I don't tend to worry, though, about things I can't control. My father's brain surgery seems like a strange place to discover this, but: there it is. In my head, at least, while Dad was undergoing surgery and recovery, he was essentially Schrodinger's cat. He could die. He could live.
He could be afflicted with all sorts of damage or disabilities; there was really no way to know for sure. My mind did, briefly, start thinking about what he'd have to do with each or any of those eventualities, but the options are quite vast and without any real indication of the direction to think, I decided not to.

If and when we knew more, I'd worry then.

Through many conversations with people asking if I "was ok," (which, by the way, is a strange thing to be asked when someone else is in surgery) I came to realize other people do the opposite. They don't worry about things they can control; they make decisions and move on. It seems like most people worry about things they can't control. When the options or outcomes are up in the air, it stresses people out.

I'm the opposite.

In many ways, this stinks for me. I literally get stressed out if the competing brands of facial tissue are unit priced in different units (Seriously, why would one be 'per 100 count' and another 'per ounce?' That makes no sense and requires an insane amount of math.) I don't seem to be phased by my father's brain surgery. I get that this is odd, but I also get that this is reality.*

This whole thing has given me pause to ponder worry. Is it really a fear of losing control? I don't know? I worry about landing in an airplane, partly because most airplane accidents happen when moving at high speeds very close to the ground, but also partly because we're moving from what seems like a carefree position, floating peacefully through the air, to one of turmoil, engaging the tarmac. With an emergency surgery, we're moving from a life-threatening scenario to one where life might be saved. My Dad's brain was never going to fix itself, so even if he got a below average surgeon (and he didn't - the guy, by all accounts, is pretty darn good), his chances are still better than they were before.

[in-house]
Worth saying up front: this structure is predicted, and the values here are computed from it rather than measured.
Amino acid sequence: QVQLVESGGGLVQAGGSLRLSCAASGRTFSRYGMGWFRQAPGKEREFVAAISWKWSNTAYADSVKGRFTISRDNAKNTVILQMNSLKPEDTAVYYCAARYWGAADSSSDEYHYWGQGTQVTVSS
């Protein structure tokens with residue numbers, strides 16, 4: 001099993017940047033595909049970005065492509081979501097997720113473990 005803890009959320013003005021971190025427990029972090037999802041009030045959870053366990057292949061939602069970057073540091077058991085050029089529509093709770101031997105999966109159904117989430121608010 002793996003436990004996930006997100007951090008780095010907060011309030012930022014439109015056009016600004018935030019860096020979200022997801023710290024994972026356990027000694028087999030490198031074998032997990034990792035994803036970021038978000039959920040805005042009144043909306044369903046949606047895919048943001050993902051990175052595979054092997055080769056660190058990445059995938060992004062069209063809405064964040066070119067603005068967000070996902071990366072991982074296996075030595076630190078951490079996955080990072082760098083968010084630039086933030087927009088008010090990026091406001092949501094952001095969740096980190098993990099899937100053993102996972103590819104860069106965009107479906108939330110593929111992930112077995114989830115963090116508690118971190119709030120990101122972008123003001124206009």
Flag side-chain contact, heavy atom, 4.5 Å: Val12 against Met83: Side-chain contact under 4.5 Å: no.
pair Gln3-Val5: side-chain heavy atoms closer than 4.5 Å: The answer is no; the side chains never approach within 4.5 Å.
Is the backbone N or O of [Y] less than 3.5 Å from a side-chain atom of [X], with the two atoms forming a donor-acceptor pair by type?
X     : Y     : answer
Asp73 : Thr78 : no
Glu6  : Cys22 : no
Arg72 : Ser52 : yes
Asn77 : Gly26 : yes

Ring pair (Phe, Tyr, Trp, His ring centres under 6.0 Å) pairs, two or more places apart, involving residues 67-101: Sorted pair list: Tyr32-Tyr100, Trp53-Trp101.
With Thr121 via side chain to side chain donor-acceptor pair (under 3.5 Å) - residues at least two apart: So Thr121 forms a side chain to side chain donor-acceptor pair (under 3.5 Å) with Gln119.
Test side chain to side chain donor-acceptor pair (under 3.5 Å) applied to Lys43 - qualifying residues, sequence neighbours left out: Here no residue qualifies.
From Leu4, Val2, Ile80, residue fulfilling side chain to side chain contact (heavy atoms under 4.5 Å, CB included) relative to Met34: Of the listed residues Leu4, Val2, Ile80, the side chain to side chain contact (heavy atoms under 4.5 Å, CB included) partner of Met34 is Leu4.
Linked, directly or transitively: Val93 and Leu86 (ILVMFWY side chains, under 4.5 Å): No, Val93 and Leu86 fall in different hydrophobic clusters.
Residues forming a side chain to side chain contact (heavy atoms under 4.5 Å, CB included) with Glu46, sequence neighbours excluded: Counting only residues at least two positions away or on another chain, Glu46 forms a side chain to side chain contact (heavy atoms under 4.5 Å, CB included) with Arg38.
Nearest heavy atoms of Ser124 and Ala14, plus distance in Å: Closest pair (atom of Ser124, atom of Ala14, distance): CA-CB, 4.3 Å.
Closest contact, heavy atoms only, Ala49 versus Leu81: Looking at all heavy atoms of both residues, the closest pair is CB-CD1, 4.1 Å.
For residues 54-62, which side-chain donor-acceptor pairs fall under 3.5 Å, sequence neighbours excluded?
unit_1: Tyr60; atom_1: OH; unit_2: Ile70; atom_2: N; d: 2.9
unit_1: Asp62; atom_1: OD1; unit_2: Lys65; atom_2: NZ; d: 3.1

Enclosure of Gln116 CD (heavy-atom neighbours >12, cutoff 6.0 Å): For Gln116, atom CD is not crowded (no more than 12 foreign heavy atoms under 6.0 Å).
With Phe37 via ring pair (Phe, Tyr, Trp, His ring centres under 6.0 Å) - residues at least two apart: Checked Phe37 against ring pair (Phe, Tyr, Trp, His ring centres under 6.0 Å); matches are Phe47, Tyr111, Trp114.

In the end, this is probably just an extreme example of my control-freak nature. If there's even the slightest hint that I might be able to do something, I want to do it - and not just well, perfectly. If it's out of my control, I guess I'm pretty content to let the chips fall where they may (which is a logging idiom, in case you were wondering). It also comes from selfishness - I worry about things I can control because they reflect on me (or at least have the potential to do so). If it's not something someone can pin on me, who cares?

It's not really "who cares;" I most certainly care whether my father comes through brain surgery ok. It's more, why worry? Worry, at least to me, reflects anxiety over my own actions. I'm concerned about things I can't control, but, if I can't do anything, I'm not going to upset myself over it.

In the end, I think the difference between worry and concern is really the crux of the matter. We should care about those things that matter and not care about those things that don't. I'm not sure we should really worry about anything, especially if we've given our full attention to doing the best we can.